The Parson was not published in Anna Kavans
lifetime, but found after her death in manuscript form. Thought
to have been written between the mid 50s and early 60s, it
presages, through its undertones and imagery, some of Kavans
last and most enduring fiction (such as Ice). It was
published finally, to wide acclaim, by Peter Owen in 1995.
The Parson of the title is not a cleric, but an upright
young army officer so nick-named for his apparent prudishness.
On leave in his native homeland, he meets a rich and beguiling
beauty, the woman of his dreams. The days that the Parson
spends with Rejane, riding in and exploring the wild moorland
have their own enchantment. But Rejane grows restless in this
desolate land; doubtless in love with the Parson, she discourages
any intimacy. Until that is, she persuades him to take her
to a sinister castle situated on a treacherous headland .
The Parson is less a tale of unrequited love than exploration
of divided selves, momentarily locked in an unequal embrace.
Passion is revealed as a play of the senses as well as a destructive
force. There have been valid comparisons to Poe, Kafka and
Thomas Hardy, but the presence of her trademark themes, cleverly
juxtaposed and set in her risk-taking prose, mark The Parson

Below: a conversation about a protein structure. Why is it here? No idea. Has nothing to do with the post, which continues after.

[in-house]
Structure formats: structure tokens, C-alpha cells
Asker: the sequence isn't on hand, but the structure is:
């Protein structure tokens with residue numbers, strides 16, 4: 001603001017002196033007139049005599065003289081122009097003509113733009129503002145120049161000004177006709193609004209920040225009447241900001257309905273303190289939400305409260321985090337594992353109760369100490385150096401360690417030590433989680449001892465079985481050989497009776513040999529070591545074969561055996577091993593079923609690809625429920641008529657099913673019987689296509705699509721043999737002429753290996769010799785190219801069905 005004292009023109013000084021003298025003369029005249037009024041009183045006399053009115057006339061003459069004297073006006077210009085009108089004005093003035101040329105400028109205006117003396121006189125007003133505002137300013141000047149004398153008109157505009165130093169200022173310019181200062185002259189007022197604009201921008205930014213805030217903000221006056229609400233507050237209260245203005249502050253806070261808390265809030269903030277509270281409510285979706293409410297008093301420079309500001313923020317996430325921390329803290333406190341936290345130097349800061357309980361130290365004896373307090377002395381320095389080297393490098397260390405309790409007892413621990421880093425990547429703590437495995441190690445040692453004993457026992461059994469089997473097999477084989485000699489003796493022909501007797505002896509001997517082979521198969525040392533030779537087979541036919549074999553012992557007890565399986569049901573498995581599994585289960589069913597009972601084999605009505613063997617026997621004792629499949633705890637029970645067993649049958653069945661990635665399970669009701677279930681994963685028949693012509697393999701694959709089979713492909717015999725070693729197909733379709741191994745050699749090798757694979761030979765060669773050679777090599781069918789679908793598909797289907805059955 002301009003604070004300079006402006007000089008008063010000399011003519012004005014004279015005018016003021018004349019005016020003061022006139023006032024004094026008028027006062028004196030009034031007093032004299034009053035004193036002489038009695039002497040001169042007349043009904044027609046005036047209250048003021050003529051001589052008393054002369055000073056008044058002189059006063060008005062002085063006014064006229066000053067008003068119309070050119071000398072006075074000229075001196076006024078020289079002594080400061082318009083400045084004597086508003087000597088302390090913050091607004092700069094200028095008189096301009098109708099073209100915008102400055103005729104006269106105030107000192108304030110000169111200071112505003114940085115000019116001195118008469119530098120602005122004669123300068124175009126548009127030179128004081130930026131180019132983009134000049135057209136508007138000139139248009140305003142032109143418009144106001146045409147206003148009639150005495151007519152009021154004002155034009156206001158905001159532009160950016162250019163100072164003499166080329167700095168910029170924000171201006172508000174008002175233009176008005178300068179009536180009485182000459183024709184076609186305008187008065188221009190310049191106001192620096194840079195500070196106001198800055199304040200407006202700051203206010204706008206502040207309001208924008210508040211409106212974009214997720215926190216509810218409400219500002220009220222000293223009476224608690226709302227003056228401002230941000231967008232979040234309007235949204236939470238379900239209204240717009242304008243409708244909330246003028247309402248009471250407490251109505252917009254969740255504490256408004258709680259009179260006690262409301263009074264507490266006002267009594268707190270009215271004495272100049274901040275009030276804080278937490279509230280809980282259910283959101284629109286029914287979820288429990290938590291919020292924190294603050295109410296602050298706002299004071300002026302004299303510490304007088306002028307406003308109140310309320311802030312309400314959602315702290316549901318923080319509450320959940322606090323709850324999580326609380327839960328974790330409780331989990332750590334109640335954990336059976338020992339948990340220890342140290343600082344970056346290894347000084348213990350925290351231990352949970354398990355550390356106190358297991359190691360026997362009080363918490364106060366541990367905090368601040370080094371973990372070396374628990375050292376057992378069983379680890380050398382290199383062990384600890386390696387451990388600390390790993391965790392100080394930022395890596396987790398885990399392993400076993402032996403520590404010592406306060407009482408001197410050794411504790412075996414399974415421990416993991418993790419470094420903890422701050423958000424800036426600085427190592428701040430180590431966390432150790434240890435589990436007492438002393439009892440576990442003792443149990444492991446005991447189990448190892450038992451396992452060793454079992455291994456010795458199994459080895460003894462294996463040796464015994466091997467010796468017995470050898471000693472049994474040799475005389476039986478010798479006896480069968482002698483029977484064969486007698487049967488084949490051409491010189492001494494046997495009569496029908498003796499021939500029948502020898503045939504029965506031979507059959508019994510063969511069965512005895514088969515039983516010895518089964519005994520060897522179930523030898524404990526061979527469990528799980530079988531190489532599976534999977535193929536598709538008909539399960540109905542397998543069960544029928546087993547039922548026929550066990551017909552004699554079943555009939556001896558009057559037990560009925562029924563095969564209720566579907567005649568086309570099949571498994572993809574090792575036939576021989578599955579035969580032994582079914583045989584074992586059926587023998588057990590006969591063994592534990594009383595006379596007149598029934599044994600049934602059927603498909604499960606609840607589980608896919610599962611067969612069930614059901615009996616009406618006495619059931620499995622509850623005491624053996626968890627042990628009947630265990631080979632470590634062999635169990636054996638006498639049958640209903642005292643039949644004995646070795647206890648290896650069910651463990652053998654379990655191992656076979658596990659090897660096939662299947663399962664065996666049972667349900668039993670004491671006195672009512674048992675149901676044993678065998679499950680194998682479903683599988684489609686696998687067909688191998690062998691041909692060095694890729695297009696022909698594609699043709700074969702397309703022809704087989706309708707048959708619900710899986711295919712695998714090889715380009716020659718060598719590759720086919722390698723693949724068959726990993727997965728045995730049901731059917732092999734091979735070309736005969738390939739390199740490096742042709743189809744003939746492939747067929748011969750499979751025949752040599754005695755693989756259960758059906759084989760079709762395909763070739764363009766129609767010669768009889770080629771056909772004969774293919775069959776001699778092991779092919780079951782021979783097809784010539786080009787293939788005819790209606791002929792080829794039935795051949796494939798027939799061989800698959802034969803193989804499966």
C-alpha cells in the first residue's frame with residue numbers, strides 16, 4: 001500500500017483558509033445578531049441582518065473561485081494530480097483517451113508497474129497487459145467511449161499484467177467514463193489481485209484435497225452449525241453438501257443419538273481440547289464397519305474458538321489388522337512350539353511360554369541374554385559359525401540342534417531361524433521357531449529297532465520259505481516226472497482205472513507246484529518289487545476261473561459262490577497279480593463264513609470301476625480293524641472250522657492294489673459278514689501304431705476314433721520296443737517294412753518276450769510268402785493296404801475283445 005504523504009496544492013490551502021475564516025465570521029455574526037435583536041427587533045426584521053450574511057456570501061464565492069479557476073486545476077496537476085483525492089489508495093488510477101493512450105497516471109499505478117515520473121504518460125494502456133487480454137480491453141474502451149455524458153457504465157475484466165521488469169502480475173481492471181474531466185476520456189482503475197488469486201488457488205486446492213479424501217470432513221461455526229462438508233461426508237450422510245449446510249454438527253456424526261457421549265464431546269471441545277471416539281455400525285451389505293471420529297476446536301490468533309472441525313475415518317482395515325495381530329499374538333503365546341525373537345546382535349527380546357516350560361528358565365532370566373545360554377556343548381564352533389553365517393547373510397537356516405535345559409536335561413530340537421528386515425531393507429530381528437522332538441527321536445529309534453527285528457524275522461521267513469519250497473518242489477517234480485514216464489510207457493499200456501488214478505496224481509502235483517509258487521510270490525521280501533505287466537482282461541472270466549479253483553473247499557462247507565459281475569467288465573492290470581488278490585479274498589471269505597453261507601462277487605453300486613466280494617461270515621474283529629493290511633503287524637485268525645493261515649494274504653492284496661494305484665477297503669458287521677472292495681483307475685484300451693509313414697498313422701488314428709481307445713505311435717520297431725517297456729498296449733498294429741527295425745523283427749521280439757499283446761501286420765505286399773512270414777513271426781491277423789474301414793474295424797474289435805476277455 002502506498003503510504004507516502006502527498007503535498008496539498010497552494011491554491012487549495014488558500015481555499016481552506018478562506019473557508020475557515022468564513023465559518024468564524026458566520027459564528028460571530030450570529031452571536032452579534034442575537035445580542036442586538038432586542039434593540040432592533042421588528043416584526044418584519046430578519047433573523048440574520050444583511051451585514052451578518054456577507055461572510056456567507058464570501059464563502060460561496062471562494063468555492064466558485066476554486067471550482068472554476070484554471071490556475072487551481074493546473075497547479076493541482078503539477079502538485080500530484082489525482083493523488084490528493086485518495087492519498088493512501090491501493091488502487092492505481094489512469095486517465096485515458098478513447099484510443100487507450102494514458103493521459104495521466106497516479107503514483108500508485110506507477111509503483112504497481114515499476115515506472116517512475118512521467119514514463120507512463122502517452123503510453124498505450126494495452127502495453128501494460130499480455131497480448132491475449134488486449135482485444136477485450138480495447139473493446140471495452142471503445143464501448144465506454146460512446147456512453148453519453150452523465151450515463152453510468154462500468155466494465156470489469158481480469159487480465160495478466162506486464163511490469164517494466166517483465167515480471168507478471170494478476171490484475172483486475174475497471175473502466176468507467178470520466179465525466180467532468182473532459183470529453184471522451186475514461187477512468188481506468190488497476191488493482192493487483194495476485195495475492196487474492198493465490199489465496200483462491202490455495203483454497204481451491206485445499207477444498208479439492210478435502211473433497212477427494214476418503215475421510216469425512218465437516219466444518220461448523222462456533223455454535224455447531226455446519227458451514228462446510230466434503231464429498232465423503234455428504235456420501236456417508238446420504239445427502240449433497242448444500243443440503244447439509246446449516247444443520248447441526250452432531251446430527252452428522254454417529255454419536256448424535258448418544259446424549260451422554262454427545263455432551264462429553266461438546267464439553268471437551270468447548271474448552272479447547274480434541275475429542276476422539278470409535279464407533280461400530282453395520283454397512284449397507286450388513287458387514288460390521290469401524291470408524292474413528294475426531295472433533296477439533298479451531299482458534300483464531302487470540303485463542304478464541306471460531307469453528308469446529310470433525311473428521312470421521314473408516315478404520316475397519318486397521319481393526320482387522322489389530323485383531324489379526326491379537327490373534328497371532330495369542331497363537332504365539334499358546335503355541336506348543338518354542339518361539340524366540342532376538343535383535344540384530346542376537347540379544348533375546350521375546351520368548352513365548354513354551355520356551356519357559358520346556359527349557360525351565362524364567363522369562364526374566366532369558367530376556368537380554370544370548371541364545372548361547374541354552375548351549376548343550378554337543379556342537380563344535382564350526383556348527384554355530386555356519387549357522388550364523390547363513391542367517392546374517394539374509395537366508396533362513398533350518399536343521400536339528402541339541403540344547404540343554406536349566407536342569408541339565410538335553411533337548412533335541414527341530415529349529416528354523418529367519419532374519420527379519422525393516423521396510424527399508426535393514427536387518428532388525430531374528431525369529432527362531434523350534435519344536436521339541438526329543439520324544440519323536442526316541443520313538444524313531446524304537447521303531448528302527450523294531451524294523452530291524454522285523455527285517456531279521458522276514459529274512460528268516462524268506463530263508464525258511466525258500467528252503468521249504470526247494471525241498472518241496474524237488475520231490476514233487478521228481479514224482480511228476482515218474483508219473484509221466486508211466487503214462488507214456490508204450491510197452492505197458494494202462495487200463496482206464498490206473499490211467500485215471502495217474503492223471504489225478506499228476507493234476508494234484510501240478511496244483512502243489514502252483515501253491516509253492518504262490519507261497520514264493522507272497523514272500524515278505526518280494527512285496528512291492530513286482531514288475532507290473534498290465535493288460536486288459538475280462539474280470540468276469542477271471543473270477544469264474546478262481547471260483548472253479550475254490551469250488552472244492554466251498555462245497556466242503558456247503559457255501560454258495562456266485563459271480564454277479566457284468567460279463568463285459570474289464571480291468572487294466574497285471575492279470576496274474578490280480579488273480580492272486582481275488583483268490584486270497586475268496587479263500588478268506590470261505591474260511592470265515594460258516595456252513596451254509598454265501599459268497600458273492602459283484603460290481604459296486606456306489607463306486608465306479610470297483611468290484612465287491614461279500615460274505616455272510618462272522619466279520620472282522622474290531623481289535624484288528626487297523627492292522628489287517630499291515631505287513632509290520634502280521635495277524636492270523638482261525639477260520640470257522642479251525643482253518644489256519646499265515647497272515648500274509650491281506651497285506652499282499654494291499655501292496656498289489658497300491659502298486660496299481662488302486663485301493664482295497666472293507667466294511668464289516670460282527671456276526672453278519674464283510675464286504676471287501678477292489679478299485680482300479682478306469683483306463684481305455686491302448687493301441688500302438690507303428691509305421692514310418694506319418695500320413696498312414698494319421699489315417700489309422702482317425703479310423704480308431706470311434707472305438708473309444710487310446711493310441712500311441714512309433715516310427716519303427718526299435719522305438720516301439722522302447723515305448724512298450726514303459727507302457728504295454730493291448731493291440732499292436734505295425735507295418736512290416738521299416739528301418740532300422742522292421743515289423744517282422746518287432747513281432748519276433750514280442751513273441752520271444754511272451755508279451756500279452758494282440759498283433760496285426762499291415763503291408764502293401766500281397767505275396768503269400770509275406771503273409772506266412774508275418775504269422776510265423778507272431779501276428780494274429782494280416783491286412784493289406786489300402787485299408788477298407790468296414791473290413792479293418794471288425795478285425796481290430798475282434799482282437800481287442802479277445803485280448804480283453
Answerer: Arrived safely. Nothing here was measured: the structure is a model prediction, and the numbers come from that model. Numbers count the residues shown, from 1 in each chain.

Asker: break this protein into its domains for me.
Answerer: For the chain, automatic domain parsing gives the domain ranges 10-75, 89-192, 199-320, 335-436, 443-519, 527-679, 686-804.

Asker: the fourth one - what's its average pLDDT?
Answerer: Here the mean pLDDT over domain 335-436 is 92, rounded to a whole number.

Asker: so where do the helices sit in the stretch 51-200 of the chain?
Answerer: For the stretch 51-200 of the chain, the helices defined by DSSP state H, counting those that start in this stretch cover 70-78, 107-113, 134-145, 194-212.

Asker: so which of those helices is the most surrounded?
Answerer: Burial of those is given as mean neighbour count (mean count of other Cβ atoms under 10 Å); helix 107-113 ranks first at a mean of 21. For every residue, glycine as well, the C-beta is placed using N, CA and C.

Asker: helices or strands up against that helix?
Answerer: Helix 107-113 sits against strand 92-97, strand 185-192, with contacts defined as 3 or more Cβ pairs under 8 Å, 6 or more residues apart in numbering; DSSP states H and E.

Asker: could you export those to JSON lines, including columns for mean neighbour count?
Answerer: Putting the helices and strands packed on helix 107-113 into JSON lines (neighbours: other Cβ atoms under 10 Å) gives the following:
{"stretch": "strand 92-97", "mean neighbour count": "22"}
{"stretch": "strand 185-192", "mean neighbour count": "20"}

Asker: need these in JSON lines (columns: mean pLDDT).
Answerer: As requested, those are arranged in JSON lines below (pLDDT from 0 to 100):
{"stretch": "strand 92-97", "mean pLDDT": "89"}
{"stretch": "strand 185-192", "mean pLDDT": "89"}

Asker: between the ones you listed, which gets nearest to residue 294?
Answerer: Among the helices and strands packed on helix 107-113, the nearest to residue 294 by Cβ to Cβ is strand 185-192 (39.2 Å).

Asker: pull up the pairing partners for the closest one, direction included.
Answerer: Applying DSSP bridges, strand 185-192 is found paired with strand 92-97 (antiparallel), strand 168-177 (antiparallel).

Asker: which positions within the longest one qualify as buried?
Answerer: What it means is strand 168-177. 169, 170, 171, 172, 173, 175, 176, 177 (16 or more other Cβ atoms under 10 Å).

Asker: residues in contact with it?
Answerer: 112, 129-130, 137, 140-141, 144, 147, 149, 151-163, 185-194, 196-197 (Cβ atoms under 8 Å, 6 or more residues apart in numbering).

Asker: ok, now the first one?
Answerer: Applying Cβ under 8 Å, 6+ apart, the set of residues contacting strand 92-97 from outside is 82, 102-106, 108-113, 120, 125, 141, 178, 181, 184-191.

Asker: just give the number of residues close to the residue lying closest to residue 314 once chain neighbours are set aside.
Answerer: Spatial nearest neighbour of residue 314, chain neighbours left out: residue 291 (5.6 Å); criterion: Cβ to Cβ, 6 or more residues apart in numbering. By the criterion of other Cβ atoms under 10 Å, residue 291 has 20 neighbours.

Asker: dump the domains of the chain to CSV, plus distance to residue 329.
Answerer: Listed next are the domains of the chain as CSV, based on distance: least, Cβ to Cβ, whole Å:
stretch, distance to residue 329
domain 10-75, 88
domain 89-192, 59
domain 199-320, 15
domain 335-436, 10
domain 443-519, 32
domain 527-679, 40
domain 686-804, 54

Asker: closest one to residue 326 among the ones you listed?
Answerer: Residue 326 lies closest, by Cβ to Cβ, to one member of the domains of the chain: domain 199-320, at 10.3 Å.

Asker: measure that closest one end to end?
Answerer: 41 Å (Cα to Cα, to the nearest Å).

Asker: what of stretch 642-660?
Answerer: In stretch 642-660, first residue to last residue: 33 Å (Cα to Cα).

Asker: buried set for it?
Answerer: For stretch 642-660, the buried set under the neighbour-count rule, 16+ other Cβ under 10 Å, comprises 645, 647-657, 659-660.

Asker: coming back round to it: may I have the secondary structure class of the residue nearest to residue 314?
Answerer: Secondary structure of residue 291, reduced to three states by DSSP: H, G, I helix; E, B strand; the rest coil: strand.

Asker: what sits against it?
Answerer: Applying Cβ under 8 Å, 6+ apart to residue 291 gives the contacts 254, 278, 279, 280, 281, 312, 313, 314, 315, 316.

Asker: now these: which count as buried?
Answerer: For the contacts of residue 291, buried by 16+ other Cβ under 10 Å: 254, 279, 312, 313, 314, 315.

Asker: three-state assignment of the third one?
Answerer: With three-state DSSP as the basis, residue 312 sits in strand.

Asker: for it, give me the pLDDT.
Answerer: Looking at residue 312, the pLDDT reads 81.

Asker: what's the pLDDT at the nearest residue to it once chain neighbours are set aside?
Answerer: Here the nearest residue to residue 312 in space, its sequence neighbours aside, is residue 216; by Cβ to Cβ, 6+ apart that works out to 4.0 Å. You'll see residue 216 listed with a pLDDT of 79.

as 100% Kavan.
Written with an imaginative
intensity that takes it to the borders of hallucination.
A man and a woman, both in thrall to their idea of themselves,
play out their drama in a northern landscape like a bad dream.
The nearest in our literature to The Parson is Rhyss Wide Sargasso
Sea, which has something of the myth or ur-tale. This
is a fine example of that ancient tale, the predatiory femme
fatale and the puritan man. Doris Lessing, Times
Literary Supplement Books of the Year 2001
A writer of such chillingly matter-of-fact, unself-pitying
vigor that her vision transcends itself. New
Few contemporary novelists could match the intensity
of her vision. J.G. Ballard
ANNA KAVAN, née Helen Woods, was born in Cannes
probably in 1901; she was evasive about the facts of
her life and spent her childhood in Europe, the USA
and England. Twice married and divorced, she began writing
while living with her first husband in Burma and was published
under her married name of Helen Ferguson. In the wake of the
collapse of her second marriage, she suffered the first of
many nervous breakdowns and was confined to a clinic in Switzerland;
she emerged from her incarceration with a new name
Anna Kavan, the protagonist of her 1930 novel Let Me Alone
an outwardly different persona and a new literary
style. Her first novel in this guise was Asylum Piece,
and it achieved for her a certain recognition. She was a long-term
heroin addict and suffered periodic bouts of mental illness,
and these facets of her life feature prominently in her novels
and short stories. She died in 1968 of heart failure soon
after the publication of her most celebrated work, the novel